John Gimigliano (John): Thanks for joining us today, Manal. Happy New Year.
Manal Corwin (Manal): Happy New Year to you.
John: Well, it's 2017. We had an election, and we have just a few more weeks until the new administration comes in. So I thought a good place to start would be to talk about maybe how the incoming administration might affect—and the election in general might affect the way companies should be viewing the BEPS project.
Obviously, this administration may have a different view from the outgoing Obama Administration, which was obviously central and played a very active role in negotiating the OECD BEPS recommendation. So initial thoughts on what we might expect from the incoming administration?
Manal: I think the U.S. Treasury has always been a very active player at the OECD for years now. And certainly, over the last few years, where we've seen BEPS emerge into some real initiatives and changes, this Treasury has been an active and an important voice at the table.
I think we don't know what the next Treasury's views are going to be, either of the OECD and U.S. participation at the OECD, as well as some of the BEPS issues that have been agreed to previously.
I think whatever their views about the policy aspects of BEPS, it strikes me as it would be really important for this Treasury to participate, because the U.S. voice at the table does ultimately help U.S. interests and companies, as well as the government. But there's a bit of an uncertainty there as to their perspective on that.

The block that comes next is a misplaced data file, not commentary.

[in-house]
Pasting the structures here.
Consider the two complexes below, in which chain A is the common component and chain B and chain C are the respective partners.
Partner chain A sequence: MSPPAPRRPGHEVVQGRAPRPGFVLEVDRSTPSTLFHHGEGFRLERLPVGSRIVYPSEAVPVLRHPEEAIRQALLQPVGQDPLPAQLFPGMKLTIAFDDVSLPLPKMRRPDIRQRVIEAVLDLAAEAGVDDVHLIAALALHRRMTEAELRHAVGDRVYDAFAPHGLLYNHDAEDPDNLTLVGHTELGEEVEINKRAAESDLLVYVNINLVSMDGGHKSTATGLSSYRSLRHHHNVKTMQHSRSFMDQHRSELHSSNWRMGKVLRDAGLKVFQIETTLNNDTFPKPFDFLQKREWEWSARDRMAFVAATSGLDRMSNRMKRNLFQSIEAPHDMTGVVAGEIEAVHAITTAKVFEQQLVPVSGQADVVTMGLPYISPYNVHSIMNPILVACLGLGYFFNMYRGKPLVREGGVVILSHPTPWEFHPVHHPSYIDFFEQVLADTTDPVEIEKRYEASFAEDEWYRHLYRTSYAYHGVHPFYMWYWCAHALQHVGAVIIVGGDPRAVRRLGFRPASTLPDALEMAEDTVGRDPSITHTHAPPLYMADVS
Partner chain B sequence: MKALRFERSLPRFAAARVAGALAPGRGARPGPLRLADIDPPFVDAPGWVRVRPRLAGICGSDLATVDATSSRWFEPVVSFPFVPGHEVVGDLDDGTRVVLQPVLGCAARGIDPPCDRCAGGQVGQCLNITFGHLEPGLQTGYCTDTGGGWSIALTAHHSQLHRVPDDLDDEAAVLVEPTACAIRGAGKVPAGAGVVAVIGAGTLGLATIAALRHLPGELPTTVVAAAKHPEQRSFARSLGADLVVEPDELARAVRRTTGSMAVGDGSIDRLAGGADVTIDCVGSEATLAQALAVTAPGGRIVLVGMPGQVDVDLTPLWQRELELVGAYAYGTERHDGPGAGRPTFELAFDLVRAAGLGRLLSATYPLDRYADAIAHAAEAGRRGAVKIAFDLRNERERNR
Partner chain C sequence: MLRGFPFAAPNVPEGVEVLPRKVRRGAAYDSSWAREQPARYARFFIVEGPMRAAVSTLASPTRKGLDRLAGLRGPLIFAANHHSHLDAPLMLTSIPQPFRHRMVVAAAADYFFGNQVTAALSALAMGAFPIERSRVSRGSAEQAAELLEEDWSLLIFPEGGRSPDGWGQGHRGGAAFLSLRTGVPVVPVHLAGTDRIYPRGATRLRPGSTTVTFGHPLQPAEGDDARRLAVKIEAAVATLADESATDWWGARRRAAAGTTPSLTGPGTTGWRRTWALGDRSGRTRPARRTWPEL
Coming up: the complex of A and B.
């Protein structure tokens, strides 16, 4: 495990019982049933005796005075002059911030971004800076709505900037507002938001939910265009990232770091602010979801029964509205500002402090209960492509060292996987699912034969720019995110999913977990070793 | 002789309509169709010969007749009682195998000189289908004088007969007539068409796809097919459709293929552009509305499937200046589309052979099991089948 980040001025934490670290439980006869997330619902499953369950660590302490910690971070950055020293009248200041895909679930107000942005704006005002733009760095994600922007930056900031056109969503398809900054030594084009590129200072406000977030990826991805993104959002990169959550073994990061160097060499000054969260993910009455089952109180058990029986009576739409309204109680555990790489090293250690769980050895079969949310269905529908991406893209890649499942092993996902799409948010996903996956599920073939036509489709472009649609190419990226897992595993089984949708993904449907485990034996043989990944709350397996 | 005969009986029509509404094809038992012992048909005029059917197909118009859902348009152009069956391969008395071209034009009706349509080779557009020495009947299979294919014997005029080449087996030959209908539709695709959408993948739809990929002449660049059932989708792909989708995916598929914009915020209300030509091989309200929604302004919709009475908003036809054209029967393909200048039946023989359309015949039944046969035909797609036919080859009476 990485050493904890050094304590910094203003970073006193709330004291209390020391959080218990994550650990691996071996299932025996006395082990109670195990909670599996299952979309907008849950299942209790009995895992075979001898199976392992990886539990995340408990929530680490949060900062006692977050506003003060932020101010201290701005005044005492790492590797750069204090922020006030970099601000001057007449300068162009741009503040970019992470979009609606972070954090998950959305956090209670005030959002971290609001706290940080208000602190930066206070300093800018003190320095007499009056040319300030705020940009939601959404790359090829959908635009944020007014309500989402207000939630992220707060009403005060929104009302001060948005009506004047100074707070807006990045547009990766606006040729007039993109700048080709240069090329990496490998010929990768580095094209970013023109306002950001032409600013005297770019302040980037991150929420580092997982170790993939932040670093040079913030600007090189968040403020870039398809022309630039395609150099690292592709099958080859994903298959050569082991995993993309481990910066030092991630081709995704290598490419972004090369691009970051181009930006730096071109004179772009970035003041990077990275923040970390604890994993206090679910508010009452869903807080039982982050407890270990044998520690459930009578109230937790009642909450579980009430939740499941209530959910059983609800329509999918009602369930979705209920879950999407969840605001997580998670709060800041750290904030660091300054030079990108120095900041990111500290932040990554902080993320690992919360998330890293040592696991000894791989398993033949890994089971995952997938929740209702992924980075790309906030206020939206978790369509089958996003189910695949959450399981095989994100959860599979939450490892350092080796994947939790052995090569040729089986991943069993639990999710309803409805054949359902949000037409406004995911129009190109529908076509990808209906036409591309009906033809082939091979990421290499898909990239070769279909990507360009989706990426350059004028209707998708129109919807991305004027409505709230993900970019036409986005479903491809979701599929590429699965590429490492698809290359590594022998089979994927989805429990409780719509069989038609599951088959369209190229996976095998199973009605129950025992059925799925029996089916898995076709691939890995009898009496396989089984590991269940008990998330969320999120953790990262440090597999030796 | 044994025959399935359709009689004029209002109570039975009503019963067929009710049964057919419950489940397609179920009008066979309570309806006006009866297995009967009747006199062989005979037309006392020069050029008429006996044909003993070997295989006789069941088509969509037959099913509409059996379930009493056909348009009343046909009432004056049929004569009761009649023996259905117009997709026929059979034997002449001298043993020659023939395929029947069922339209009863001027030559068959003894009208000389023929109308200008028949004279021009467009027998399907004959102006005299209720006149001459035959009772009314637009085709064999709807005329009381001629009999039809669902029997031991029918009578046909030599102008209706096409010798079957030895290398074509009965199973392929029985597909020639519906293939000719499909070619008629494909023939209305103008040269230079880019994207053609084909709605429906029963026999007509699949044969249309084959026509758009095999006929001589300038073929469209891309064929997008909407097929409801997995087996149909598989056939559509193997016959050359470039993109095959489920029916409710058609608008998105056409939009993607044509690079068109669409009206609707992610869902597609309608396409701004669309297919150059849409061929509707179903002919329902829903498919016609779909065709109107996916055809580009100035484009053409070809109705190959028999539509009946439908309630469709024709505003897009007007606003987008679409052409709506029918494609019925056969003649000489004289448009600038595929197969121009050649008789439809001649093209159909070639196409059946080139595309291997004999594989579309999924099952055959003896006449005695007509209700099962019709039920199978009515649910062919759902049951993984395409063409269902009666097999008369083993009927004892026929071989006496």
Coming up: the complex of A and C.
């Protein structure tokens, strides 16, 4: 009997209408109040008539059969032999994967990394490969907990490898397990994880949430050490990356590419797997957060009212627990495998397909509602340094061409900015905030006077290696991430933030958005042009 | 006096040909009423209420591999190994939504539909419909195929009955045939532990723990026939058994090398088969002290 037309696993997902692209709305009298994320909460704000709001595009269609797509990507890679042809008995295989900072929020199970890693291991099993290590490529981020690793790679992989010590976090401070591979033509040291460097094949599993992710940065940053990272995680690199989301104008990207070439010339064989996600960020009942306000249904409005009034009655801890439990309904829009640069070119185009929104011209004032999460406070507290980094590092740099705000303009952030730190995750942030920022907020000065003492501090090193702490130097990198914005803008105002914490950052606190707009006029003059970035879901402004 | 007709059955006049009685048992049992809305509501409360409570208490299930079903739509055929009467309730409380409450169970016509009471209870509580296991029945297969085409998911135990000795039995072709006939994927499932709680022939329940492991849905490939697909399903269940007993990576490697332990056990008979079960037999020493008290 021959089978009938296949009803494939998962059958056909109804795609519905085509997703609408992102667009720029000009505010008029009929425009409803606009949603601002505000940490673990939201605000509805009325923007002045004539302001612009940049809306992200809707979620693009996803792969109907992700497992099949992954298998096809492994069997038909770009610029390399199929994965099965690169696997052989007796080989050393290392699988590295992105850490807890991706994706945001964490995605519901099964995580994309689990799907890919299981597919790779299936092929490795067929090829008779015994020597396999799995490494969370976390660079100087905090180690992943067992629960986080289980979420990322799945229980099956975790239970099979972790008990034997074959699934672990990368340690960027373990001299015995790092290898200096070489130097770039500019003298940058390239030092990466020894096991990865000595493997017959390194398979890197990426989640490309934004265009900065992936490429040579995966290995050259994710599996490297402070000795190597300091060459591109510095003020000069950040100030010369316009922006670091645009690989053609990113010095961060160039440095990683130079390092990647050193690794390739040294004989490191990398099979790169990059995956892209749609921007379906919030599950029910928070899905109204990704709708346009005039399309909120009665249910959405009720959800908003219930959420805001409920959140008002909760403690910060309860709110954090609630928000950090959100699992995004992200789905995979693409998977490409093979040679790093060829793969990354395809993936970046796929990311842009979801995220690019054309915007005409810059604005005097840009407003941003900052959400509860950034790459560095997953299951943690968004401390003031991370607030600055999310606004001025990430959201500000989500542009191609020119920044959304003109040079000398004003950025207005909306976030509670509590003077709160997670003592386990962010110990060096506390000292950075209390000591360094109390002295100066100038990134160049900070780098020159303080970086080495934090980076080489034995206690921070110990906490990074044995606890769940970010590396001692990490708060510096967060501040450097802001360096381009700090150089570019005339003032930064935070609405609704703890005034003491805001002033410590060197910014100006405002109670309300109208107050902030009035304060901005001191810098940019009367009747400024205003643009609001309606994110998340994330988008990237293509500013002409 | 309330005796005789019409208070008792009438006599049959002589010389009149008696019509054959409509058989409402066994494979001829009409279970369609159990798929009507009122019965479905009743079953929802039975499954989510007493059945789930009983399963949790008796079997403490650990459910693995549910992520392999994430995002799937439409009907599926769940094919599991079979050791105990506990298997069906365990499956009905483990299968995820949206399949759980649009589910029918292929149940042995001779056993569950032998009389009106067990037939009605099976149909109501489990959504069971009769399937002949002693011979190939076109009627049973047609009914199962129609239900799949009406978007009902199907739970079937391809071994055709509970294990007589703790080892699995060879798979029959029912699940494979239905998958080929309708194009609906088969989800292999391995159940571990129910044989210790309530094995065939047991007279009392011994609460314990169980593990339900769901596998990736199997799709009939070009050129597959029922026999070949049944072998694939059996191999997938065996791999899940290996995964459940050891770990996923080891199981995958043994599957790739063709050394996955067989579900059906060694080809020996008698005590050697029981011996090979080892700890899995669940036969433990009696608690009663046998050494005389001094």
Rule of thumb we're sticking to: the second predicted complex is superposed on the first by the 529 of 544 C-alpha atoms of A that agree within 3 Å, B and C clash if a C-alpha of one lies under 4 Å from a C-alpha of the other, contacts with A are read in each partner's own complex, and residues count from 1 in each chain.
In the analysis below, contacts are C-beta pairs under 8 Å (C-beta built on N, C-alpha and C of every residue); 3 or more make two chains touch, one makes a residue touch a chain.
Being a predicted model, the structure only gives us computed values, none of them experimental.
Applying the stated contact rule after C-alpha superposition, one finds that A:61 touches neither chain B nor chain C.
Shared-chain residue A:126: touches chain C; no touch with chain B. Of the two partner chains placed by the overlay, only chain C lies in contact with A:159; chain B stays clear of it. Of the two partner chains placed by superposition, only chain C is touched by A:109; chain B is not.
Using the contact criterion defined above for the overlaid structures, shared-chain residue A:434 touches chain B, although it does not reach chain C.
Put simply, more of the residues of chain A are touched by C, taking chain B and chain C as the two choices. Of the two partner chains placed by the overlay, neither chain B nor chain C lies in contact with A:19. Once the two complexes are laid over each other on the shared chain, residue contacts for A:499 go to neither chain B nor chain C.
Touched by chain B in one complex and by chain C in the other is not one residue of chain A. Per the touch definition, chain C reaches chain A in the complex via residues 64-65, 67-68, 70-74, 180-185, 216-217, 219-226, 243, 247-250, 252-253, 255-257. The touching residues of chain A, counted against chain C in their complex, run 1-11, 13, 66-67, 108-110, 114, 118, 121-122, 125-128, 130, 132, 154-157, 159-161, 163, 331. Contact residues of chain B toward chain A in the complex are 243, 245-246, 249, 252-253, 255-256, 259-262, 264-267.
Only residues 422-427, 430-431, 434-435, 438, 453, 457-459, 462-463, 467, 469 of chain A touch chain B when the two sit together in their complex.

John: Well, speaking of uncertainty, then, let's turn to a related question, which is, obviously, BEPS has been maybe the hottest tax topic over recent years—certainly, 2015, 2016. Maybe the hottest tax topic in at least the U.S. in 2017 is going to be the question of whether or not the new administration in Congress can negotiate, implement, and enact tax reform.
So I guess that raises an interesting question, as, obviously, if we're looking at tax reform as potentially the House blueprint proposal, some pretty dramatic changes in there, not only domestically, but for multinationals. So again, coming back to the question of how does that change the way companies think about what they're doing around BEPS, any thoughts on what companies should be thinking there?
Manal: I think the increased prospect for tax reform has really complicated the consideration and planning that companies have been thinking about in the context of BEPS and addressing BEPS challenges. The fact is that a number of aspects of the blueprint are very attractive to certain companies, particularly the lower corporate rate, the move towards territoriality, and the prospect for a border-adjustable tax—you know, for some companies, attractive enough to consider, for example, onshoring intangibles back to the U.S. as an approach.
The challenge, of course, is, it's quite uncertain still, both the timing and scope and characteristics of reform we'll actually get. And in contrast, the changes, the legislative and regulatory changes that have been ushered in by BEPS are actually quite certain in a number of countries right now and will have very real impacts immediately that aren't going to wait for reform.